Fintech company Revolut has reportedly drawn up plans for a new behavioural psychology team to address aggression issues at the organisation.
The company, which offers banking services and employs around 6,000 staff globally, has historically struggled with high turnover and allegations of unachievable targets and unpaid work, and in 2019 issued a statement in response to allegations of a toxic working culture.
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The new team, which will include workplace psychologists, will be responsible for helping to transform the company’s culture and encouraging an inclusive, respectful working environment, according to The Guardian.
Revolut’s head of people experience, Hannah Francis, told the newspaper: “This is […] linked to our growth and how we’re changing and the feedback we’re getting from our people. We really needed to shift and change.”
HR leaders should think carefully before assembling such a team to drive large-scale change said Liz Sebag-Montefiore, co-founder of HR consultancy 10Eighty.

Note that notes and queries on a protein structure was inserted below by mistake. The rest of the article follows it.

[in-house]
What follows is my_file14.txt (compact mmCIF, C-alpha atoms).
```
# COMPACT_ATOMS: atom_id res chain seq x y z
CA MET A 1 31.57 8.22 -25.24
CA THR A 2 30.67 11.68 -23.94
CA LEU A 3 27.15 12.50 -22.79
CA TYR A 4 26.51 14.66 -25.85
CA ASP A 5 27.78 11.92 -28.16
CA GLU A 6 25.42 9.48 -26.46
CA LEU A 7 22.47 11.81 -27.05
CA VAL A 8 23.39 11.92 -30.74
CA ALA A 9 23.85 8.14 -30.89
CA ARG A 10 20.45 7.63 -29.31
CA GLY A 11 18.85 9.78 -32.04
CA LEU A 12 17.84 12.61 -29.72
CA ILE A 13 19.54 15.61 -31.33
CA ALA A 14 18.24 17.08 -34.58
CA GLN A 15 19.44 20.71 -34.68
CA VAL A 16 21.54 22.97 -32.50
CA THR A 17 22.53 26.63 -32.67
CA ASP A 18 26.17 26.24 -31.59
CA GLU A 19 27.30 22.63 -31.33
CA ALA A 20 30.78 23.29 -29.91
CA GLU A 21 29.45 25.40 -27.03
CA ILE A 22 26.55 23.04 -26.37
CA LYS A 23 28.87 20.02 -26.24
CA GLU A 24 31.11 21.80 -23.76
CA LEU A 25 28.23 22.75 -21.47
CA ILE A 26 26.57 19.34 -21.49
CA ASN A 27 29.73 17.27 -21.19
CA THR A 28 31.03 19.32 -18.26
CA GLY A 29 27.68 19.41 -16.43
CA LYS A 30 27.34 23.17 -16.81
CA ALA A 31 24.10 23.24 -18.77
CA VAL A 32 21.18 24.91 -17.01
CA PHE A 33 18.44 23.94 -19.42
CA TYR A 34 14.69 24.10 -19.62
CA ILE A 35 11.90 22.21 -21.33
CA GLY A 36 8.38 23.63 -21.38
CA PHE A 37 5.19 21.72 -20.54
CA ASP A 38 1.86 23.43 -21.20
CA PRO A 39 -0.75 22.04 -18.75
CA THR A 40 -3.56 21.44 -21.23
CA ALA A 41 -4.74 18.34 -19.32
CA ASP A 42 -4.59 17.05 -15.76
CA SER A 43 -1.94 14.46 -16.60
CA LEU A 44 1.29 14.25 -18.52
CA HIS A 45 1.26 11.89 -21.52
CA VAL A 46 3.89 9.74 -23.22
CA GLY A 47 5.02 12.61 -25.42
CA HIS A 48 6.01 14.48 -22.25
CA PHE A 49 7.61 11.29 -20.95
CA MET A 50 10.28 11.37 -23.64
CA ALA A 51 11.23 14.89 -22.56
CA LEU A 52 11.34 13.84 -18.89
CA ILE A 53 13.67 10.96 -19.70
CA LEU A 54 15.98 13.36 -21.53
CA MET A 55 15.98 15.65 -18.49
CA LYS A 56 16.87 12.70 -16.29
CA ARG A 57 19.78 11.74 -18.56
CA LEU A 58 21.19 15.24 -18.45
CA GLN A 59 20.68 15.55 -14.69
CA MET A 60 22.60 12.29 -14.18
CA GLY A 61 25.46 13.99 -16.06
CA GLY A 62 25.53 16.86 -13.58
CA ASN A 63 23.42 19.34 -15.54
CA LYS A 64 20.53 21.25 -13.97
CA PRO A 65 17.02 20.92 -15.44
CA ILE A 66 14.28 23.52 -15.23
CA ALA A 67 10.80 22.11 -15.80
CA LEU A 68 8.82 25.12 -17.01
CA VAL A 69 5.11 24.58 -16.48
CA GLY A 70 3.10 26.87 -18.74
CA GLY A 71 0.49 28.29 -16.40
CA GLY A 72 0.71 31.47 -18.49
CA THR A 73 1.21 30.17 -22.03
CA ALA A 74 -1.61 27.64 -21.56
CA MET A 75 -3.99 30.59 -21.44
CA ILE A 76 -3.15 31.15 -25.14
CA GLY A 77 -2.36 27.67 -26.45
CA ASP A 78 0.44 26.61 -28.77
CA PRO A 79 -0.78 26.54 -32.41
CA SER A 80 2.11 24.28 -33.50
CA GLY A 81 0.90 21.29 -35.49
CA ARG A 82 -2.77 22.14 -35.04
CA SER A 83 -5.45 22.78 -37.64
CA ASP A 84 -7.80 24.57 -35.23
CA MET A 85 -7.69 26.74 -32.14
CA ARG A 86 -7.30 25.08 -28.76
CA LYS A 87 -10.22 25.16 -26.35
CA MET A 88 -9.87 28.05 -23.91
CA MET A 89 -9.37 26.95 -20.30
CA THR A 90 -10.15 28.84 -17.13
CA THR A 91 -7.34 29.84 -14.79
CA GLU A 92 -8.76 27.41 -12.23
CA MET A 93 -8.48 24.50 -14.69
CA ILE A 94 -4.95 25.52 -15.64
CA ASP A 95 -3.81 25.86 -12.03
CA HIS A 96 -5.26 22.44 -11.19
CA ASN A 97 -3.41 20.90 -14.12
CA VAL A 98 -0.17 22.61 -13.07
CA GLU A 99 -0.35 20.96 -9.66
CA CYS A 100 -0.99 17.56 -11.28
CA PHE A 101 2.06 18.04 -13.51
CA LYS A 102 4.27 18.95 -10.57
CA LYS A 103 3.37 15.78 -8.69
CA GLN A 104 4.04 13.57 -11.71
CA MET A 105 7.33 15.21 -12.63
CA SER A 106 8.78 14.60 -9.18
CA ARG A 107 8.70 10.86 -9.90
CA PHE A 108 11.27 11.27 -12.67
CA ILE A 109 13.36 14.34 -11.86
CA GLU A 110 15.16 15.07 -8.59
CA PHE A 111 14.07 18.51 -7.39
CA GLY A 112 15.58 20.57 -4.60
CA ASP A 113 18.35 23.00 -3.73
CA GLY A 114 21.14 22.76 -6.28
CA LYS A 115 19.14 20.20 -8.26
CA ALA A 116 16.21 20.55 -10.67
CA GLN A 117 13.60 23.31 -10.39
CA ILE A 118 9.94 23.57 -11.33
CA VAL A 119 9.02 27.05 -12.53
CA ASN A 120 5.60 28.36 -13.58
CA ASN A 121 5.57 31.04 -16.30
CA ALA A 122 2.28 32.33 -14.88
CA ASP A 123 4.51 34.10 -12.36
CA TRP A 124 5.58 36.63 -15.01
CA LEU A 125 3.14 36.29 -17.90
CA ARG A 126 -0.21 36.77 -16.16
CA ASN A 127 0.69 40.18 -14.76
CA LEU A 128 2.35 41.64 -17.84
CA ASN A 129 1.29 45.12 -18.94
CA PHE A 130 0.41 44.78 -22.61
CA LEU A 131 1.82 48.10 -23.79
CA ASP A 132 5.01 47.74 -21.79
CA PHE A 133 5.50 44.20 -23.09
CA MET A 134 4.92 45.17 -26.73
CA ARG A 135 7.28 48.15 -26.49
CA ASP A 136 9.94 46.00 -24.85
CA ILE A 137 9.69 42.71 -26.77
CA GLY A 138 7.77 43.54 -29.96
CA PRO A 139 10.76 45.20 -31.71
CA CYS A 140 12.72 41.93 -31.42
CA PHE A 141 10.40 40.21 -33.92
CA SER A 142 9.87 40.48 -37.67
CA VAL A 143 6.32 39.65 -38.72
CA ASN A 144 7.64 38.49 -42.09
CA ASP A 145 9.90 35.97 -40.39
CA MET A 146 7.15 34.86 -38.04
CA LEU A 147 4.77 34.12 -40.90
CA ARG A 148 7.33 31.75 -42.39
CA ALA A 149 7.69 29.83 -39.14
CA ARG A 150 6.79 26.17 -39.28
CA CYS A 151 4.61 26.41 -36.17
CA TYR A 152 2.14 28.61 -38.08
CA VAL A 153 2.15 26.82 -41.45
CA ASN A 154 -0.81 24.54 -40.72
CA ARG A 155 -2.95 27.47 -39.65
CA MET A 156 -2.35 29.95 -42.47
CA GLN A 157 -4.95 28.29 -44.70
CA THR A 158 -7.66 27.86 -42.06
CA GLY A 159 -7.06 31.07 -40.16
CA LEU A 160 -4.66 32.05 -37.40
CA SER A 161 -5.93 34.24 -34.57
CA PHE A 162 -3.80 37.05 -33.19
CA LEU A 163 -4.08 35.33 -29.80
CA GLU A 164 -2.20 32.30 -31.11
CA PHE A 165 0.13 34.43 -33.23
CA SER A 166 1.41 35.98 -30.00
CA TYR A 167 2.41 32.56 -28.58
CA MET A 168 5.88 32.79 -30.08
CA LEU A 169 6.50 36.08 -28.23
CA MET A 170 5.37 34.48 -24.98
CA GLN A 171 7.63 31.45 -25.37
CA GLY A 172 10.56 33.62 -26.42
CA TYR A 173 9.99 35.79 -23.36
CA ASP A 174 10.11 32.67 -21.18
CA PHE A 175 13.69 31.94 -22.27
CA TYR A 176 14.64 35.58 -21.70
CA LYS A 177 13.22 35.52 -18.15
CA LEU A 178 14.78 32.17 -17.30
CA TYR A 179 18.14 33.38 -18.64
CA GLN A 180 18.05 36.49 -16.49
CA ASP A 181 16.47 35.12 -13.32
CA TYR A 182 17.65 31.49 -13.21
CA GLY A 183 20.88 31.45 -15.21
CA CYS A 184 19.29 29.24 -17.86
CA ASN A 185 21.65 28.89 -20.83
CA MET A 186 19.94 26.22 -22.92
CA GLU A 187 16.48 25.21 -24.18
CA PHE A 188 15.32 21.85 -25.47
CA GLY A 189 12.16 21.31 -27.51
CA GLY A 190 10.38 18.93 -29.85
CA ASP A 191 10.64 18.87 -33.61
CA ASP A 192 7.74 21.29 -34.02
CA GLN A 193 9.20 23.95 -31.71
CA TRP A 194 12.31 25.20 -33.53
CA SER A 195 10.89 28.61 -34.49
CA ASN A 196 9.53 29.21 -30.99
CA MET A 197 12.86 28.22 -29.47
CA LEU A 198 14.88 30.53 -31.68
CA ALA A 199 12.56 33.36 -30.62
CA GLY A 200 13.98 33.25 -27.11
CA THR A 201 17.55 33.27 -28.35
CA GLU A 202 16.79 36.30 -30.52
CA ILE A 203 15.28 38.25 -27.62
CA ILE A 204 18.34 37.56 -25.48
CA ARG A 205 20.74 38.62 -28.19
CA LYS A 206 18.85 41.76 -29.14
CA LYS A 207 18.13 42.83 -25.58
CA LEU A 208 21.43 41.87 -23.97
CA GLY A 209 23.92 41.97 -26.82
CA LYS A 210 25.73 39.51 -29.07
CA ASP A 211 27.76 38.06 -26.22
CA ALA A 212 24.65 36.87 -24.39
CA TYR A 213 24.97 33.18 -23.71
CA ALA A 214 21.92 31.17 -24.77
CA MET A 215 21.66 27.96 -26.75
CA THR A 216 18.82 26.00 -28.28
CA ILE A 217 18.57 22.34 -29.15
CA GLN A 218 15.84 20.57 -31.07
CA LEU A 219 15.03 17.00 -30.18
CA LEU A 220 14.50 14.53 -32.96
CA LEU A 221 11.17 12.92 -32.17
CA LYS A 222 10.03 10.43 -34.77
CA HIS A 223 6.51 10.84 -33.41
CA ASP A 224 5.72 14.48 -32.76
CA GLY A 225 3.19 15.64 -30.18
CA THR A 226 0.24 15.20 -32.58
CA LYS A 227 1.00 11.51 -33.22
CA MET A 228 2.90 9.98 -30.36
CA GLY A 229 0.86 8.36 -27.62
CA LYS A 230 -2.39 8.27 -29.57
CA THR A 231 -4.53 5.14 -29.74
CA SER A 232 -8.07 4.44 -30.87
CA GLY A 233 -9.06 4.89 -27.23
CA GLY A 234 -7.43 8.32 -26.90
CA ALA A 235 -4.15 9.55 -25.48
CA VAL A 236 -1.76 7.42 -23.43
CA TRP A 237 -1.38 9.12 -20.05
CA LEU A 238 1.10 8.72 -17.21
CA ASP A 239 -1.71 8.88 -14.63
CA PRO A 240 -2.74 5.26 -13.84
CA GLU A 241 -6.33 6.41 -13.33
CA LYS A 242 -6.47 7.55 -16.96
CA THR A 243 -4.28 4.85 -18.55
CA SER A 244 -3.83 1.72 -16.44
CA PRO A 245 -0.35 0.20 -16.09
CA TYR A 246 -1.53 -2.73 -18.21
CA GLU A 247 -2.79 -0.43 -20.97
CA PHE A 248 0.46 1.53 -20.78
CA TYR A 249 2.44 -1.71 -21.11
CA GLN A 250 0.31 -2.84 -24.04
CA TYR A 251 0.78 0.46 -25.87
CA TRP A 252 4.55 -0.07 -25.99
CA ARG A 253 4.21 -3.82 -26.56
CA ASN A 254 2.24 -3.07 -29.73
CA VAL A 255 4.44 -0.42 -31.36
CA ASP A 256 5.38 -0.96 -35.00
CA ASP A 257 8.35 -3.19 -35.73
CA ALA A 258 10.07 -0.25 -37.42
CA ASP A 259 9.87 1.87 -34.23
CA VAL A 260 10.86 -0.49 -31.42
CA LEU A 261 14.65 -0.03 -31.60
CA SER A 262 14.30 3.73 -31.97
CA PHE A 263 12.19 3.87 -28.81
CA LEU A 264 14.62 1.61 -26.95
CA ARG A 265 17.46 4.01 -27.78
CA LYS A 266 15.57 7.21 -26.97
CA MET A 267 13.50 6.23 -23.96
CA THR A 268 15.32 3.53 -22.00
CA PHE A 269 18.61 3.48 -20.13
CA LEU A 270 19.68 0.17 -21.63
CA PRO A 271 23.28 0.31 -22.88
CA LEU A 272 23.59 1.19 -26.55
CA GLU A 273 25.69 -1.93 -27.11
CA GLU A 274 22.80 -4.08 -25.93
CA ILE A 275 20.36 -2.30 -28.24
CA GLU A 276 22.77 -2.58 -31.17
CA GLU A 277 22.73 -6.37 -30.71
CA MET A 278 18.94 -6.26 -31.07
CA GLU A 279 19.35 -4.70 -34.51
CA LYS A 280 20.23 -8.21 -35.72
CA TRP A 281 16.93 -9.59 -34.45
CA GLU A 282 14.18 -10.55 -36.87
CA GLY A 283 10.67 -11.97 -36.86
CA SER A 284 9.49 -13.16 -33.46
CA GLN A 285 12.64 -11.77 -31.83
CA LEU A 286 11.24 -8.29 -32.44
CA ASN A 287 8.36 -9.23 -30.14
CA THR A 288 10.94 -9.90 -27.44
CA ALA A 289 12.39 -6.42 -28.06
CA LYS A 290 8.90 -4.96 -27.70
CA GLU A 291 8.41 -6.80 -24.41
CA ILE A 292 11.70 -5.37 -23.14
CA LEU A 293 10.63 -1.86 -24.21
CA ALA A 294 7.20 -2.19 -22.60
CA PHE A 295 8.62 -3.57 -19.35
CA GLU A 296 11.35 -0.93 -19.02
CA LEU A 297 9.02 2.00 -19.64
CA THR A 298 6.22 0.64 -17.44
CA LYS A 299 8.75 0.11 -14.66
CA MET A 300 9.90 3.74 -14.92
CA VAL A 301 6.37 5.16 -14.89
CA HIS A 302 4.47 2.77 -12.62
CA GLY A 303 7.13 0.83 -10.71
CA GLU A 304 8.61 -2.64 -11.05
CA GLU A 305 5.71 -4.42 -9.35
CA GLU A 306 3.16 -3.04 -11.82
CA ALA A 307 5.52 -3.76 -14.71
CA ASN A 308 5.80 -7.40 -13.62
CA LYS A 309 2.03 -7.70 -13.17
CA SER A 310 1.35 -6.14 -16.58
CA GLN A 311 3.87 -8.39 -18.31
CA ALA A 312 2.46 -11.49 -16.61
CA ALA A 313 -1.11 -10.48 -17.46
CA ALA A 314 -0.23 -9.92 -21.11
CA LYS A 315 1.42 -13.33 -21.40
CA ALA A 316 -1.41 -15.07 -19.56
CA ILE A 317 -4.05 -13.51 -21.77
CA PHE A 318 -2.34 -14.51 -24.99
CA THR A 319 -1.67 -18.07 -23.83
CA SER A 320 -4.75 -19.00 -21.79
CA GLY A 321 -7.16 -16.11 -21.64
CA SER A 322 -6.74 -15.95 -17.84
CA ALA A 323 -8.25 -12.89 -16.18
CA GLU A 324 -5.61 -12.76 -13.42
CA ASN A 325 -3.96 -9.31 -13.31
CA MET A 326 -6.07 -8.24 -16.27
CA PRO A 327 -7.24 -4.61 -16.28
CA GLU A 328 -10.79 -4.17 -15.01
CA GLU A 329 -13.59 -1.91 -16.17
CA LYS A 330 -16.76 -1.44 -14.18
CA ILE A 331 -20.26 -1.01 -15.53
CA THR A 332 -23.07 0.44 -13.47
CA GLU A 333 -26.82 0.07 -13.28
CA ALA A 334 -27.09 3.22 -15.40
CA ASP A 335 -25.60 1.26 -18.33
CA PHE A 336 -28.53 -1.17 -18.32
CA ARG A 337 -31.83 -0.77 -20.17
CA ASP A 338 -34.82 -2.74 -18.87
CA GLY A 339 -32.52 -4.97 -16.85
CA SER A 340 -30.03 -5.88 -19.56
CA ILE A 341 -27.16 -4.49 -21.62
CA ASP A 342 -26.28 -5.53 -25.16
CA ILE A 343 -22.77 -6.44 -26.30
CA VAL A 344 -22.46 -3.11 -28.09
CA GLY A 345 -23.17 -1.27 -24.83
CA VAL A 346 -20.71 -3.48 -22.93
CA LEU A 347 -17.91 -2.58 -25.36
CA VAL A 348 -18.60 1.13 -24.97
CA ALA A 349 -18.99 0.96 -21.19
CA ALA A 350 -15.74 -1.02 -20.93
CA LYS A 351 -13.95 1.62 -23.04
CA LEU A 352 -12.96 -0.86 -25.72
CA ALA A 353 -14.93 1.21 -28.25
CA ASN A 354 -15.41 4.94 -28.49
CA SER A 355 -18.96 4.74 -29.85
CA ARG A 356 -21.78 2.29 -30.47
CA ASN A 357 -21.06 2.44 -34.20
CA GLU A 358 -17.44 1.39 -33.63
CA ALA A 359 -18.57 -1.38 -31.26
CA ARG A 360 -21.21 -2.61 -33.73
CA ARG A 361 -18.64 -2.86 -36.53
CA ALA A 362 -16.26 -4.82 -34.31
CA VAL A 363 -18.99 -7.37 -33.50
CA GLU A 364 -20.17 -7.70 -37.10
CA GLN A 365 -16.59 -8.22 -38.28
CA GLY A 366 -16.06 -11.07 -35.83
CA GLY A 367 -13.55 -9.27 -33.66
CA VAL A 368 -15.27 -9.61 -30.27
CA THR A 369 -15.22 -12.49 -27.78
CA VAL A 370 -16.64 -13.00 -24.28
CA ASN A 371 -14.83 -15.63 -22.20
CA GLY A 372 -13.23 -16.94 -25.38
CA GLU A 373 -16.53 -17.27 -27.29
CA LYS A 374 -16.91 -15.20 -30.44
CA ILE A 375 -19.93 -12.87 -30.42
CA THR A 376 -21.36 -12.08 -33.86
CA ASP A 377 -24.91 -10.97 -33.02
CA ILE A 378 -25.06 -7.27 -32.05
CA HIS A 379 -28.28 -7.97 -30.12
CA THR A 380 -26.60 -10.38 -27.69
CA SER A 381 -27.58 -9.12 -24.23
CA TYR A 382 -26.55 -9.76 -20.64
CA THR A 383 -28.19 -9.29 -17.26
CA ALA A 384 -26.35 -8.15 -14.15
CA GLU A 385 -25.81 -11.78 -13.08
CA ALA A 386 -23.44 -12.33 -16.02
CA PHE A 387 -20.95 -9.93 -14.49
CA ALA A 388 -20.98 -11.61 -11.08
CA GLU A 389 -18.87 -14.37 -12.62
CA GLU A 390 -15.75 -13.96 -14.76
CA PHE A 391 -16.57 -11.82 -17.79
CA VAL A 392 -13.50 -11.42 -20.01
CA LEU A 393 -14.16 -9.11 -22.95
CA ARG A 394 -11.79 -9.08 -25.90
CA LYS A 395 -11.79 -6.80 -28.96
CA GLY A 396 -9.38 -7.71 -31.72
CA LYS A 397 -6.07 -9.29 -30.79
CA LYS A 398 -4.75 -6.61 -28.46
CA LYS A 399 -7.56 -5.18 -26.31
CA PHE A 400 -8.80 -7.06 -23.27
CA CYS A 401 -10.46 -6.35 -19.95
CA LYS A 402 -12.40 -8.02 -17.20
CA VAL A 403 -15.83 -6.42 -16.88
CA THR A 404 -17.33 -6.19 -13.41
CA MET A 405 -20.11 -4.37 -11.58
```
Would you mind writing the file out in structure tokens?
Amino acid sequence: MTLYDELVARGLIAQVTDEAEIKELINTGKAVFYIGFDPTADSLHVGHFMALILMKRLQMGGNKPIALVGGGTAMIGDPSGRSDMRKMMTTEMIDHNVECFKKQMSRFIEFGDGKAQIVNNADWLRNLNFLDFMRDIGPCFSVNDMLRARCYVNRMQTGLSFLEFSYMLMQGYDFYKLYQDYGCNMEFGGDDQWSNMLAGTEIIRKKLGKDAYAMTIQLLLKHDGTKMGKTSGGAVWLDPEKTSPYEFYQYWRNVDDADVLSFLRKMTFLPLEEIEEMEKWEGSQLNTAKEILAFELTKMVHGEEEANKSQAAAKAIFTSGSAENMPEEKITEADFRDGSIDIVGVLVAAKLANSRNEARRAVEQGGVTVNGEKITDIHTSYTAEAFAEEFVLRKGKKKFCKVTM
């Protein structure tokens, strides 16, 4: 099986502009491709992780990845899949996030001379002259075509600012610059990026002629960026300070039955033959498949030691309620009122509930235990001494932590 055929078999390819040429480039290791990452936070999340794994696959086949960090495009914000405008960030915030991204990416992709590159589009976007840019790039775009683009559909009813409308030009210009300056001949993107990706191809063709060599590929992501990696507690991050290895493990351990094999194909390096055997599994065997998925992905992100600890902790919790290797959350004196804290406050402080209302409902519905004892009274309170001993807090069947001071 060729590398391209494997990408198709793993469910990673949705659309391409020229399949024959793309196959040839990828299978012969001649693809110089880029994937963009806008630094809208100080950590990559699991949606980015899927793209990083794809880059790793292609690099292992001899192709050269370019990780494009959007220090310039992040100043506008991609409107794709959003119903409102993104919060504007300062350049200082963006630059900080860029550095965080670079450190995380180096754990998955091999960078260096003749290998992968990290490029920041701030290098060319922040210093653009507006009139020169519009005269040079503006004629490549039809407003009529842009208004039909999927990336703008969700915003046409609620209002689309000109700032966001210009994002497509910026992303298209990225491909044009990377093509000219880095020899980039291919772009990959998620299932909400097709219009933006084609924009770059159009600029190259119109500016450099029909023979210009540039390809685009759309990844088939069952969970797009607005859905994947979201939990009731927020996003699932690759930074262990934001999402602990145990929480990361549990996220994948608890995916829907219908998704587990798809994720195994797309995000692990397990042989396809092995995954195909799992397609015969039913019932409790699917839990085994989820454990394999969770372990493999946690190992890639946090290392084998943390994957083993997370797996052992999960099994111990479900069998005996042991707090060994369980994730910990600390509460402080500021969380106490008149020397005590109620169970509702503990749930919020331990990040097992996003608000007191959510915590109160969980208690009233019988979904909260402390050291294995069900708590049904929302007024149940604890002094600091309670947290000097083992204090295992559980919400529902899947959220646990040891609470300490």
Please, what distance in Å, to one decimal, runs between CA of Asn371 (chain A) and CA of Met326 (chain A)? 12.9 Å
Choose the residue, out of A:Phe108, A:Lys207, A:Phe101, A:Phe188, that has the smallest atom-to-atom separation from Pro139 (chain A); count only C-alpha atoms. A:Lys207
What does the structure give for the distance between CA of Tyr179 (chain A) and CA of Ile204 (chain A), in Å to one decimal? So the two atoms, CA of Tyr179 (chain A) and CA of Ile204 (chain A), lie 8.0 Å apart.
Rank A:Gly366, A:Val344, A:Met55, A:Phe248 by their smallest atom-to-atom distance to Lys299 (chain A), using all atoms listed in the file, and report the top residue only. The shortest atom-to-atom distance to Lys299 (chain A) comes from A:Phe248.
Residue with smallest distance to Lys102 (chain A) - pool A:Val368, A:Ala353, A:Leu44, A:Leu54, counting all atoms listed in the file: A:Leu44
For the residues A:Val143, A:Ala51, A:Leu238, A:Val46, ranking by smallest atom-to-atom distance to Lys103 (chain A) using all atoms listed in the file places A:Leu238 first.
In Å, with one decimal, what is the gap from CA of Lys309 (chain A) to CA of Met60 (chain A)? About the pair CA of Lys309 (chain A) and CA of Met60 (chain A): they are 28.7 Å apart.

An HR director should determine the scale of the challenge and the stakes of failure beforehand, she told HR magazine.
She said: “A team isn’t necessarily your best option; teamwork takes more time, so there’s a balance to be struck between individual autonomy and collective action. A team needs coordination and leadership if it is to reap the benefits of collaboration.”
She added, however: “That said, if you have a specific problem such as that evidenced by Revolut, you might designate a team to address the issues.
“The thing about culture is you can’t just issue a directive and expect change, you need leadership and management that models the behaviour you want to see, who promulgate the values and mission the organisation supposedly espouses and if they don’t do that with clarity, conviction and consistency then it will show, be seen and be dismissed.”
Planning is the most important thing in a significant project such as a culture change, Sebag-Montefiore added.
She said: “Planning is your make-or-break step. Teams that have poorly designed goals, the wrong members or mix of members, or unclear or unenforced boundaries are liable to run into trouble.”
She stressed that project teams should work with data, such as staff surveys, attitude surveys, 360-degree questionnaires and round-table discussions, for example, before drawing up change plans.
Sebag-Montefiore added: “Collaborative working doesn’t just happen out of thin air, the team leader needs to manage expectations and facilitate knowledge sharing and group efficacy. They need to be able to address conflict and misunderstanding among team members and coach them to improve performance if necessary.”